Warsaw, Poland – Wanda Urbanska, former president of the Jan Karski Educational Foundation, briefed a bipartisan group of former U.S. ambassadors on “The Polish Predicament and Response in World War II” on September 28, in advance of the group’s tour of the Rising ’44 Museum in the city. After a welcome and introduction by the Polish National Foundation’s Deputy Chairman, Robert Lubanski, Ms. Urbanska provided a contextual overview of what the Polish nation faced at the outset of and throughout World War II.
“When the facts are presented and understood about this complex, depressing but also inspiring history, it often results in a sense of amazement, as in, ‘How could have I missed this fundamental piece of world history?’” Ms. Urbanska said. She warned the ambassadors that a subset of those who learn about the Polish experience develop a “deep appreciation of what a remarkable, resilient and uncommon people the Poles are and may develop a form of Polonophilia.” She cited Oxford University historian Norman Davies, journalist Lynne Olson and Stanley Cloud (coauthors of “A Question of Honor”), and Allen Paul (author of “Katyn”) as examples of non-Poles who became fascinated with the country.
Co-organized by the Council of American Ambassadors, a group of non-career ambassadors, and the Polish National Foundation in Warsaw, the trip brought a distinguished delegation of former U.S. ambassadors to three countries: Estonia, Lithuania, and Poland.
“History seems to infuse the present in Poland,” remarked the Honorable Laurie S. Fulton, former ambassador to Denmark. “Wanda’s presentation and our visit to the Rising ’44 Museum made me realize how little I had previously comprehended about the complicated dynamics between the Nazis and Soviets as they battled for the domination and elimination of Poland.” She noted that the opportunity to move through the museum’s sanitized re-creation of Warsaw’s vital underground sewer system – minus the muck, sewage, and rats – provided “a hint of the necessary commitment” that drove members of the Resistance.
Ms. Urbanska described the sophistication, complexity, effectiveness, and size of the Polish Underground Resistance – the largest and most significant in occupied Europe – to the delegation, then shared accounts of three of its greatest heroes: Witold Pilecki, Irena Sendler, and Jan Karski.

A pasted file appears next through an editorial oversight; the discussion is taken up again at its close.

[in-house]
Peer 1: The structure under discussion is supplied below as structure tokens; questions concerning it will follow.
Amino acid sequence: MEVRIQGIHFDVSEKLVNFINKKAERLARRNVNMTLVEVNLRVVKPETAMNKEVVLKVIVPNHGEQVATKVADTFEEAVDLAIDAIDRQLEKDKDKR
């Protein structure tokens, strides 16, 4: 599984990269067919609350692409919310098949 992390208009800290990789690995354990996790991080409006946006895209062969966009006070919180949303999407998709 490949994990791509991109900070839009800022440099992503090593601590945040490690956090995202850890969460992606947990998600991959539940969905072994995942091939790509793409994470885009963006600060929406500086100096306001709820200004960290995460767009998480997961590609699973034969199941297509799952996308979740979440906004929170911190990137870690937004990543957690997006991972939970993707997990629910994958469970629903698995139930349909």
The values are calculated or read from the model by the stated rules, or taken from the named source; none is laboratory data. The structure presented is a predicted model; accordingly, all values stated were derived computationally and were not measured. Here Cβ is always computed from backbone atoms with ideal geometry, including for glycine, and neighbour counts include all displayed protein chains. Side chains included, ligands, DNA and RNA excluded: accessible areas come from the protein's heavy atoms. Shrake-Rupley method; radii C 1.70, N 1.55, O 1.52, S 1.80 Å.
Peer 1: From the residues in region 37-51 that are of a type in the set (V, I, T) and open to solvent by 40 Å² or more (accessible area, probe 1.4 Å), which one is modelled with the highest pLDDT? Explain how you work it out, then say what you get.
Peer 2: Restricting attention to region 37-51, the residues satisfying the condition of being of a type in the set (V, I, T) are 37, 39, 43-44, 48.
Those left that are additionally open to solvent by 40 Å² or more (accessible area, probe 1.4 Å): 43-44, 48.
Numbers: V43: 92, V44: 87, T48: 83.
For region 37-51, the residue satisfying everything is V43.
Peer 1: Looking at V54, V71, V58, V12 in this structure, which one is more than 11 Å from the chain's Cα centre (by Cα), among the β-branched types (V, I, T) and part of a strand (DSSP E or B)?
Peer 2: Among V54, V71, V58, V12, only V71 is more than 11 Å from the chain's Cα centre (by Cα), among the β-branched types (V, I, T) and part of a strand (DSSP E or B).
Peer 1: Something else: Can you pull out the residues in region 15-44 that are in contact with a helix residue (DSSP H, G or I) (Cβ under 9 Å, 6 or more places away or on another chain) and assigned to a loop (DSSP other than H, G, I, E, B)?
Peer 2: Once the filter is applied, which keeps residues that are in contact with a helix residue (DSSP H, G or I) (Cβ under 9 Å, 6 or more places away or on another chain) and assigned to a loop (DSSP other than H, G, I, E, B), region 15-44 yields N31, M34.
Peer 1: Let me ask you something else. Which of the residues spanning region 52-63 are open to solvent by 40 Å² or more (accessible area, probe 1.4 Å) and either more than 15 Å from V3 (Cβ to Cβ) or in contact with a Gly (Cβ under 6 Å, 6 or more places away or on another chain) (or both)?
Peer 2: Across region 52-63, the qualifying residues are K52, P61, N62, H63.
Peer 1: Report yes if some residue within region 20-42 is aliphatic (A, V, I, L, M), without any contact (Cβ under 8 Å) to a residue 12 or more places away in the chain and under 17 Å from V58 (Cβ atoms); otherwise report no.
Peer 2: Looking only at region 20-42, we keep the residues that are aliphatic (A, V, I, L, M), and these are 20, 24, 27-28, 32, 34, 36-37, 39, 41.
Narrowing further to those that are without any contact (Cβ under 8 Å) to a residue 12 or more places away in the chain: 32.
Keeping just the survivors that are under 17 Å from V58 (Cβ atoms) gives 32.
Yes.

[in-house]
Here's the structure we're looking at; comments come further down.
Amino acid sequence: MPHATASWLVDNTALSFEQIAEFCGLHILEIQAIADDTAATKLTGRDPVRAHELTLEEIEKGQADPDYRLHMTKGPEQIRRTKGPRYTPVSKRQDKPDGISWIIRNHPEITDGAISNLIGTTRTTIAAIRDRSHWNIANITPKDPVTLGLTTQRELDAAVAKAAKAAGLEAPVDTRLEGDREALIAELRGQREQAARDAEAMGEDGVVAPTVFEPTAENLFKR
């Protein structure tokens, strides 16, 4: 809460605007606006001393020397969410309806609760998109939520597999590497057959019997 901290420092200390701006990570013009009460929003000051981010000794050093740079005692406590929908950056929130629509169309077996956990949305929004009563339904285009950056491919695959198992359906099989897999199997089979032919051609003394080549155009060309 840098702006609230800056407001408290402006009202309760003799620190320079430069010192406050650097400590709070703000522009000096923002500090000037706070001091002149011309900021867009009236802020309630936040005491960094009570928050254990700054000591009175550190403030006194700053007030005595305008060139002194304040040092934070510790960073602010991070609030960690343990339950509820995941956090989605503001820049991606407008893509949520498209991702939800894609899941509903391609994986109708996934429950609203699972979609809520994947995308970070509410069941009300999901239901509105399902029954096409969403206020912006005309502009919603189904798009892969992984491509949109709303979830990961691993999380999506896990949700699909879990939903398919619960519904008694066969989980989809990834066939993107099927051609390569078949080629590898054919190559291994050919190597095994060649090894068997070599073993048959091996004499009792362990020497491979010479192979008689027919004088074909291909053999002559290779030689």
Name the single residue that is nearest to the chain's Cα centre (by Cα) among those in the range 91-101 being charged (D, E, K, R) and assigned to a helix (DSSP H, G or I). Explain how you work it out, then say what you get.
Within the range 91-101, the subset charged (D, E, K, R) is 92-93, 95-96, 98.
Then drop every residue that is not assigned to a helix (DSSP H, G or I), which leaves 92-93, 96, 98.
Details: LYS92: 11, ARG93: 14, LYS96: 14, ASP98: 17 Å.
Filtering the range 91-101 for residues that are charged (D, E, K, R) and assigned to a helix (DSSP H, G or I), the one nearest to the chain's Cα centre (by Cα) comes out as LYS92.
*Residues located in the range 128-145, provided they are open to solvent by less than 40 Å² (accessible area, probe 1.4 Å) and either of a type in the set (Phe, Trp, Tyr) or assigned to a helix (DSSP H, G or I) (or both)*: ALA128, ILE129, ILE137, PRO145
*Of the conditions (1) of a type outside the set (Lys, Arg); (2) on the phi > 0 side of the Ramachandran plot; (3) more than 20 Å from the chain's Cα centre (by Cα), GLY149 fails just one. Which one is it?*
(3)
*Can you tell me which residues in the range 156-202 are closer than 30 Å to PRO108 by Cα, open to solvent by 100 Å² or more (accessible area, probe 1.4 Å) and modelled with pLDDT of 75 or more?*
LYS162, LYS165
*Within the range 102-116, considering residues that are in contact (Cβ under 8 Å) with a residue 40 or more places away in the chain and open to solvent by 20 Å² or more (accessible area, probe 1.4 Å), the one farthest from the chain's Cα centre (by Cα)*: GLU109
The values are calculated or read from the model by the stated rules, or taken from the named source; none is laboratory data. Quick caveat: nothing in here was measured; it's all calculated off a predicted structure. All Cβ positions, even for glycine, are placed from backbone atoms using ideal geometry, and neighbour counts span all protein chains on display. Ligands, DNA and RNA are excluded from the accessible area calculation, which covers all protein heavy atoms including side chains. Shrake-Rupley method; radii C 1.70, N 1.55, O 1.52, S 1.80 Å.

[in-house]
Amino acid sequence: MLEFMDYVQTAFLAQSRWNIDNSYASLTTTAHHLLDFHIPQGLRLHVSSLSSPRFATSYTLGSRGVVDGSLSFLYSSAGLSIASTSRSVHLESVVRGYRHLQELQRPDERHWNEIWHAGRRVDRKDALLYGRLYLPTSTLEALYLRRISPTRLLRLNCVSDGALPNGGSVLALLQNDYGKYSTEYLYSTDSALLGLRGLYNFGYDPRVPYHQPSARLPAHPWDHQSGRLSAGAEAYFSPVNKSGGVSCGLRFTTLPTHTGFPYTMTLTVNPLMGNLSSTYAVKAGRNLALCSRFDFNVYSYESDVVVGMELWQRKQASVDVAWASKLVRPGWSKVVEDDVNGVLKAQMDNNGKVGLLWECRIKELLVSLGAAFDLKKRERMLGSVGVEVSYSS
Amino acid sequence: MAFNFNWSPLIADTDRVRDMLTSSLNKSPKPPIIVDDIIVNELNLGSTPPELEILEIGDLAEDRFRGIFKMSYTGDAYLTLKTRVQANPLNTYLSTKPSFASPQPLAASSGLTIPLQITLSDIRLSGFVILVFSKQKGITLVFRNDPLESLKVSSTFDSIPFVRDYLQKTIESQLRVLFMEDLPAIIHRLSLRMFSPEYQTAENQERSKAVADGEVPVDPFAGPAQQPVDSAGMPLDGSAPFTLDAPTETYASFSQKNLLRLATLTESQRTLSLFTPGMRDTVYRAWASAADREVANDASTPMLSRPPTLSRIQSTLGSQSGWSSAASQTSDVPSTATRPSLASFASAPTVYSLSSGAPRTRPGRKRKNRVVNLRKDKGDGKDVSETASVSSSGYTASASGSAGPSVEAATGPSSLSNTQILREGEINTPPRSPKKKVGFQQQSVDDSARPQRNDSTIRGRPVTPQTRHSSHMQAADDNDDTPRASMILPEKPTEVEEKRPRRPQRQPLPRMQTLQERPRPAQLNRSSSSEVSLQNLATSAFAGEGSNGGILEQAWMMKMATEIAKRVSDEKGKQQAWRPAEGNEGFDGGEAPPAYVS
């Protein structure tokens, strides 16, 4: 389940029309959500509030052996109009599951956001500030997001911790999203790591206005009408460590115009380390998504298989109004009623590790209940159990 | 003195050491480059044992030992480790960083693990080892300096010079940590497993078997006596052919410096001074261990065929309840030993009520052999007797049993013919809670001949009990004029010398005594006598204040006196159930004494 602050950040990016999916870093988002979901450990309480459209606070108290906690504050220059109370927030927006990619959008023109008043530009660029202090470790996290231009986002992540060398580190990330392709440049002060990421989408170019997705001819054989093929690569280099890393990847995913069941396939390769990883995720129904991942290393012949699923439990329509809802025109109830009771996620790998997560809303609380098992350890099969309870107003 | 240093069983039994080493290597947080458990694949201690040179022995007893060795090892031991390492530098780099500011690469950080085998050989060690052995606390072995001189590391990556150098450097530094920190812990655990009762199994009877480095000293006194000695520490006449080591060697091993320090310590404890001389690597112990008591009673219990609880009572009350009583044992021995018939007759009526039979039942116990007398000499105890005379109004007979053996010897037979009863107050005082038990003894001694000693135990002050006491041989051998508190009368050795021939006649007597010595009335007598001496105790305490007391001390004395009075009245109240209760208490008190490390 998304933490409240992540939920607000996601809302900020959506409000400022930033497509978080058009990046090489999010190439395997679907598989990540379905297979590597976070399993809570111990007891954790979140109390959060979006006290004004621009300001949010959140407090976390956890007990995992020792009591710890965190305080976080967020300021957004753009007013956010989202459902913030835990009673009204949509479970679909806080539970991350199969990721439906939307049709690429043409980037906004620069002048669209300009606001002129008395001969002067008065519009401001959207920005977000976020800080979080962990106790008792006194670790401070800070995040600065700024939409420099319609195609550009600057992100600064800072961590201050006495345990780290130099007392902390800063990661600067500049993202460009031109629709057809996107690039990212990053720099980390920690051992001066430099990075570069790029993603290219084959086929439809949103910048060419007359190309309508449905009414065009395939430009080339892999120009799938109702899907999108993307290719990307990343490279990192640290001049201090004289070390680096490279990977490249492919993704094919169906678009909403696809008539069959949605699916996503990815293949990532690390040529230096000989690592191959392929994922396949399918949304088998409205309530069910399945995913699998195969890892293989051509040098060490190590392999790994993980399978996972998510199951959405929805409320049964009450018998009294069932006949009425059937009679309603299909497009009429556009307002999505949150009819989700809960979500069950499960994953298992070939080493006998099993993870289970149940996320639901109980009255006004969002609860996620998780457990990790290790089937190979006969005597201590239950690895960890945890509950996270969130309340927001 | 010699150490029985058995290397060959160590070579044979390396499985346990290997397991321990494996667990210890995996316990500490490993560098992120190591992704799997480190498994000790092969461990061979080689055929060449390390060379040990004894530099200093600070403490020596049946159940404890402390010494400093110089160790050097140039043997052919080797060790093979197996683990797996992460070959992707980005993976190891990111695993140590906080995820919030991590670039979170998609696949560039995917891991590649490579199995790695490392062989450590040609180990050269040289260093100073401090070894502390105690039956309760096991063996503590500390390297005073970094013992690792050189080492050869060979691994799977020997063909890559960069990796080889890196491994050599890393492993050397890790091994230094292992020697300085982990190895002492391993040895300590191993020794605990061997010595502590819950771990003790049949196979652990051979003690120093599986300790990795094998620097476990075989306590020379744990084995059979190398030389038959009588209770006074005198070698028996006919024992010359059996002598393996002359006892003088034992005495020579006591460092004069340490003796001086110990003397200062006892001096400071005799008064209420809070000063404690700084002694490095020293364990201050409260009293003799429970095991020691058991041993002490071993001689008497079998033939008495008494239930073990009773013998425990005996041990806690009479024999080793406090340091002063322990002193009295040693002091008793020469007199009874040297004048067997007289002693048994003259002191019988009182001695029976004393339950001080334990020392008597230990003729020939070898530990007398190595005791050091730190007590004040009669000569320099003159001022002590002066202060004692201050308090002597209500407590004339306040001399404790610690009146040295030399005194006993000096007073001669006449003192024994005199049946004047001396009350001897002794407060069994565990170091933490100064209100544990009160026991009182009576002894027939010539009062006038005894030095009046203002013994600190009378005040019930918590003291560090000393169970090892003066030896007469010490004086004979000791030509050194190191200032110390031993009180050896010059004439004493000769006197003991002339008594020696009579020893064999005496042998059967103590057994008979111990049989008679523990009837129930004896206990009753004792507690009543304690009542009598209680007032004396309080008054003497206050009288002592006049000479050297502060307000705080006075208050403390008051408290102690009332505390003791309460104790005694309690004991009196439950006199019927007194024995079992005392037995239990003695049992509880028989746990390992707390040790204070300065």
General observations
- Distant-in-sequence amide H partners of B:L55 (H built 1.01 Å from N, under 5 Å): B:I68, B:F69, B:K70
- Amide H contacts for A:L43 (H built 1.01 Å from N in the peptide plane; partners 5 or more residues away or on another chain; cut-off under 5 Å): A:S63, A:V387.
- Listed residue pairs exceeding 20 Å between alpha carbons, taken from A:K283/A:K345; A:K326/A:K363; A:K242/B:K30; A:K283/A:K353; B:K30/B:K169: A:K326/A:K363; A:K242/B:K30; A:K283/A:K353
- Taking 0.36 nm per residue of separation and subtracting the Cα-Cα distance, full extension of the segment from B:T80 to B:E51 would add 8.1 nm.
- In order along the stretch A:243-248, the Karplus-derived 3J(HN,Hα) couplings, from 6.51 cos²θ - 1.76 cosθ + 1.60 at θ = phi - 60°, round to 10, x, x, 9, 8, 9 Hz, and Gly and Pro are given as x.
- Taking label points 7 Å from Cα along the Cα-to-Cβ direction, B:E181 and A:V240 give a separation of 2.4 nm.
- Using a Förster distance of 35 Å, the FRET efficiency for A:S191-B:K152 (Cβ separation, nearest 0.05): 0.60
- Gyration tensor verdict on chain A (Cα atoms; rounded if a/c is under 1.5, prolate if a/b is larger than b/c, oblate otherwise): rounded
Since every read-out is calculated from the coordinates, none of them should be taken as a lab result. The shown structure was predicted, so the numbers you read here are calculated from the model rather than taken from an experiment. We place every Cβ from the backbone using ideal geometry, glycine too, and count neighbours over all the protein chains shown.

The Honorable Timothy A. Chorba, President of the Council of American Ambassadors, was personally touched to hear the account of Jan Karski, whom he met while a student at Georgetown University decades ago. “Having narrowly escaped death in the Katyn Forest massacre, he risked his life and endured Gestapo torture to bring word of the Holocaust out to the West, where tragically it fell on deaf ears at the highest levels of government.”
Ambassador Fulton commented that it was hard to imagine “the utter disappointment” Karski must have felt “when his mission to convey eyewitness accounts to British and American leaders of the Nazi atrocities being committed against the Jews did not yield the aid or assistance he sought.”
The Jan Karski Educational Foundation provided each participant with a copy of its award-winning graphic novel, Karski’s Mission to Stop the Holocaust. After visiting the Rising ’44 Museum, the group boarded a bus for a late-night, behind-the-scenes visit to the Jasna Góra Monastery in Częstochowa to see the iconic Black Madonna. The group wrapped up the tour the following day by touring the historic city of Kraków.
The delegation was “moved by the depth of unimaginable destruction, suffering, and repression that were inflicted on Poland over the past century,” Ambassador Chorba said. “Despite its tragic history and extraordinary resilience, Poland seems to remain mystifyingly beleaguered from its west, as well as predictably threatened from its east. The country truly is a profile in courage.”